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Energy Storage – A Disruptive, Multifaceted & Beneficial Technology

Pramod Kulkarni, Senior Advisor, Customized Energy Solutions
Pramod Kulkarni, Senior Advisor, Customized Energy Solutions

Pramod Kulkarni, Senior Advisor, Customized Energy Solutions

Albeit a few decades late, the electricity industry is following in the footsteps of the information technology industry with changes that are fast demolishing decades-old business structures and practices. Thirty years ago, the IT industry was revolutionized by migration from centralized, large-scale computing, data processing and storage to customer-level decentralized tools for personal computing. Today large scale centrally-generated power delivered over distribution wires are being replaced by locally generated electric power for consumers. This transformation is being enabled by new, smaller and cleaner electric generation and storage technologies that have changed who generate electricity, when it is generated and how it is sold. A common manifestation of this revolution is the solar photovoltaic systems that now provide rooftop electricity for home consumption and sell the surplus back to the utility. Faster processors alone could not have brought about the information technology revolution without low-cost data storage; similarly, distributed clean power generation technologies like solar (and others) are contributing more to the electric grid and consumers thanks to new energy storage technologies that have reached the market. If necessary, low-cost energy storage now makes it possible to replace the just-in-time production of conventional power by stored power, imparting economic as well as environmental benefits. Electrical energy storage has diminished the need to continuously run and cycle large fossil fuel generators and has also helped mitigate the problems of solar and wind power intermittency that cause power quality problems.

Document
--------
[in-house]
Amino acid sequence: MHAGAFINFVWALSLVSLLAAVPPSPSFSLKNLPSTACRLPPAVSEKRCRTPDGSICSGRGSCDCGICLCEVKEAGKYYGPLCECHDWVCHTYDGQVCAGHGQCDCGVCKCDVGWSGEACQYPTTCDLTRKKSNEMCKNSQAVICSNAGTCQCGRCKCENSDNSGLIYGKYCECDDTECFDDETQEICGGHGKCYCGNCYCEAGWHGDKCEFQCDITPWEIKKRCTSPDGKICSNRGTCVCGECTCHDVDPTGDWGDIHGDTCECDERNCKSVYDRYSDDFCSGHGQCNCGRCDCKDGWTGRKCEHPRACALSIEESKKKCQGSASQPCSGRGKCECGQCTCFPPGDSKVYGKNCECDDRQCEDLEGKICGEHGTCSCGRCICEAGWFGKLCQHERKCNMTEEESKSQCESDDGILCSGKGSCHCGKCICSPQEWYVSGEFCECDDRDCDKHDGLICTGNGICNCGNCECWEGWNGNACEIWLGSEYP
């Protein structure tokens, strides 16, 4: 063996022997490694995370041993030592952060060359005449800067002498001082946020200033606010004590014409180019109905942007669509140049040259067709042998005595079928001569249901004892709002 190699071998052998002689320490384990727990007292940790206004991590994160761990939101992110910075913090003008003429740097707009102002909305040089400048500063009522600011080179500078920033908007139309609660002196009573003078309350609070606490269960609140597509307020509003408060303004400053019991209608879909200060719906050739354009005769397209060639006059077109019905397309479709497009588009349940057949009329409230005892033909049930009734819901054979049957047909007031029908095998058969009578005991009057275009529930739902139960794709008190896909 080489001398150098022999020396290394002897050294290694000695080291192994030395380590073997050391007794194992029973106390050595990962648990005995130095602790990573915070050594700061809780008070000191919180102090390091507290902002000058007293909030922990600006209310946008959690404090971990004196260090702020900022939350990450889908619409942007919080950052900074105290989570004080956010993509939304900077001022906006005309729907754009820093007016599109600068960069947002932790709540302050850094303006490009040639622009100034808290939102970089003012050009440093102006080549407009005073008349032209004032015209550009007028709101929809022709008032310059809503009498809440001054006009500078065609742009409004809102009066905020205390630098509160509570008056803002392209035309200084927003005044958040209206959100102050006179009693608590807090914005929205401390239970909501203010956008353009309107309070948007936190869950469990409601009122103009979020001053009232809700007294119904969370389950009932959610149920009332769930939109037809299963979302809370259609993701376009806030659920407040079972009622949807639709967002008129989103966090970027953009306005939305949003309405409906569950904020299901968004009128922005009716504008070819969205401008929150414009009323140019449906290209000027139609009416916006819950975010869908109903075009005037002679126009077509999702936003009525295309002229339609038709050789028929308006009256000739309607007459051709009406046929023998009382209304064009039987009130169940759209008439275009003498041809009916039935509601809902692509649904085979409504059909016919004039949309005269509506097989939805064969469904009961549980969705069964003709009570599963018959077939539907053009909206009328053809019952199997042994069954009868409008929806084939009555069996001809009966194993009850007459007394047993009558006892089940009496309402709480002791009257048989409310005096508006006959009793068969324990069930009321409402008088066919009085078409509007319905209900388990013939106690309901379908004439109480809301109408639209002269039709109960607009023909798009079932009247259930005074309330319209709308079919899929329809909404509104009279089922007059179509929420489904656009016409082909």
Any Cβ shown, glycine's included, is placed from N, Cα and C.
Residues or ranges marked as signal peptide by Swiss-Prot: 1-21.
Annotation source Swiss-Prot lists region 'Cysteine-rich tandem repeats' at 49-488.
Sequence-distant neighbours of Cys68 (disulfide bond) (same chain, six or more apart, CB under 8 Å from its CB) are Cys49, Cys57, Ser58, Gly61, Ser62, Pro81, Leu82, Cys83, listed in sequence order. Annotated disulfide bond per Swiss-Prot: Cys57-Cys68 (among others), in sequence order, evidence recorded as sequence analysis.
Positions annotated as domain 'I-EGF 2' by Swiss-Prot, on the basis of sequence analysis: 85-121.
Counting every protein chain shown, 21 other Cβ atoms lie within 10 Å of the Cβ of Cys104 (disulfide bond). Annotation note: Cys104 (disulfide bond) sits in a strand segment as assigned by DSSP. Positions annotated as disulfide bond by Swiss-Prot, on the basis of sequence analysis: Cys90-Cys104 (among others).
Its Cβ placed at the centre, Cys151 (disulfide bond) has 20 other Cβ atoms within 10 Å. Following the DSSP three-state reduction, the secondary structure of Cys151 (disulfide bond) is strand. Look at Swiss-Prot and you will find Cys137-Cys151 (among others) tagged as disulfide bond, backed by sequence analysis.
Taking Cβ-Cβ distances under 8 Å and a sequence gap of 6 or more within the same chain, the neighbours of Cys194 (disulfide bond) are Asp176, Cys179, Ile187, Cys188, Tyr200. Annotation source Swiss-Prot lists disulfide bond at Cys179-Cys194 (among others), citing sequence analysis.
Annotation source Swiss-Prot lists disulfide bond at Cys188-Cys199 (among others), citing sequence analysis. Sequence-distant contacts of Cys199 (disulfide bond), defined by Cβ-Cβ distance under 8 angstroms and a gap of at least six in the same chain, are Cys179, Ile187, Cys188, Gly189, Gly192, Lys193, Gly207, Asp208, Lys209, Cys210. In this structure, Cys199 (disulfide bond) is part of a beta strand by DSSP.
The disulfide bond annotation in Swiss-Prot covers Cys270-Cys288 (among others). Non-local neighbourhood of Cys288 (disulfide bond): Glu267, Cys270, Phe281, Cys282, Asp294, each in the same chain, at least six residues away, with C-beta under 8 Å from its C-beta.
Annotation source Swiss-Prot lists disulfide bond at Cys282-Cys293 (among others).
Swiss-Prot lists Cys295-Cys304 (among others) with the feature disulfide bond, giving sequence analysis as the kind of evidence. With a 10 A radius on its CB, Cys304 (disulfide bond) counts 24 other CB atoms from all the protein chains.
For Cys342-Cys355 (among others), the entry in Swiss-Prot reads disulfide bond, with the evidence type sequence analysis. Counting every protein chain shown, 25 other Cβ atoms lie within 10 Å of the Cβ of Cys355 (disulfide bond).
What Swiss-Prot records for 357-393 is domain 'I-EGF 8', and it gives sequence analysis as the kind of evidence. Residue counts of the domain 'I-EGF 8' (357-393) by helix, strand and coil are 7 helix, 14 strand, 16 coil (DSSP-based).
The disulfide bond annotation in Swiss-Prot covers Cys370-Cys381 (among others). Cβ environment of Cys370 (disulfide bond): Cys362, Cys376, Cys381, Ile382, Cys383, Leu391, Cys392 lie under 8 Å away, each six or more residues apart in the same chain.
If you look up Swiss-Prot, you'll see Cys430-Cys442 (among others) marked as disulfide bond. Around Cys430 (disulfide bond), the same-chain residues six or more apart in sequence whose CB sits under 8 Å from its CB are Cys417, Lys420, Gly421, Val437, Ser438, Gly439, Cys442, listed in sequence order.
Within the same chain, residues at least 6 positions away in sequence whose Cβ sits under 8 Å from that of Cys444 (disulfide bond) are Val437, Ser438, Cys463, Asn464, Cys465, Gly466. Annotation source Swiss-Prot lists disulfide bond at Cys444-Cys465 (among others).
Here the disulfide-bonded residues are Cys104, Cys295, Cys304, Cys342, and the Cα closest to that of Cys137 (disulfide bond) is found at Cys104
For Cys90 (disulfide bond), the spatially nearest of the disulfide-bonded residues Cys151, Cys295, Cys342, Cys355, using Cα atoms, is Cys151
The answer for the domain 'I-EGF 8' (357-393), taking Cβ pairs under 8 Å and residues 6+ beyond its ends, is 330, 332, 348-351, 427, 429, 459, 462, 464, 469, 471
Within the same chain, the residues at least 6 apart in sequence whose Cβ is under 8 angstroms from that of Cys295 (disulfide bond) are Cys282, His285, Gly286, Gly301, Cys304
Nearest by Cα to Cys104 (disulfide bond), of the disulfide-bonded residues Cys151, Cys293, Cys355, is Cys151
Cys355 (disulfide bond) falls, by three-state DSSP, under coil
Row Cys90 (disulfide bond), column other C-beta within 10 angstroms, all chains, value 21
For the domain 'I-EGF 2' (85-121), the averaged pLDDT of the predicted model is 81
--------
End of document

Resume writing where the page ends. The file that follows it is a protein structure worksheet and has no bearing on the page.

Electrical energy storage has diminished the need to continuously run and cycle large fossil fuel generators and has also helped mitigate the problems of solar and wind power intermittency that cause power quality problems  

The new electricity storage technologies come in many forms and are the result of advances in material and chemical sciences and engineering processes. The lithium-ion batteries commonly used in laptop computers and cell phones have been scaled up for utility applications ranging in size from a few kilowatts for home use to hundreds of megawatts for utility-scale applications. Variations of lithium-ion technologies are now available that match varied power and energy applications’ needs. Batteries that do not need lithium are being developed and deployed, as are other forms of energy storage such as flywheels and thermal storage. Although it is difficult to match Moore’s law, lithium-ion batteries costs have come down by 70% in the last ten years. When combined with energy storage, some of the utility-scale solar plus storage projects are selling wholesale electricity at 4 cents a kilowatt hour and beating the price of electricity from natural gas by a few cents. At the residential level, battery packs are enabling reducing the high demand charges that homeowners often pay during summer months. 

The revolution enabled by energy storage is just beginning. Storage combines with communications, controls, and computing power to create efficient competitive markets that capable of trading power on timeframes as short as five minutes, 15 minute and one-hour durations. Energy storage is giving more flexibility in mitigating problems created by solar and wind generation that does not match the utility’s demand curves. New algorithms and the use of machine learning allowing energy storage systems to optimize battery use and allowing cell-level charge management, increasing the safety of batteries.

As energy storage costs diminish further and energy storage is available in many forms and formats, cross-industry collaborations will create opportunities that otherwise were inconceivable or economically infeasible. For example, Tesla’s Giga factory is mass producing batteries for electric vehicles and Tesla uses the same batteries for home use with solar or as back-up power. Similar batteries that are long-lasting and requiring less maintenance are also replacing lead-acid batteries connected to the uninterrupted power supplies to ensure data center reliability. In a few years, we’ll often wonder how we lived without energy storage.

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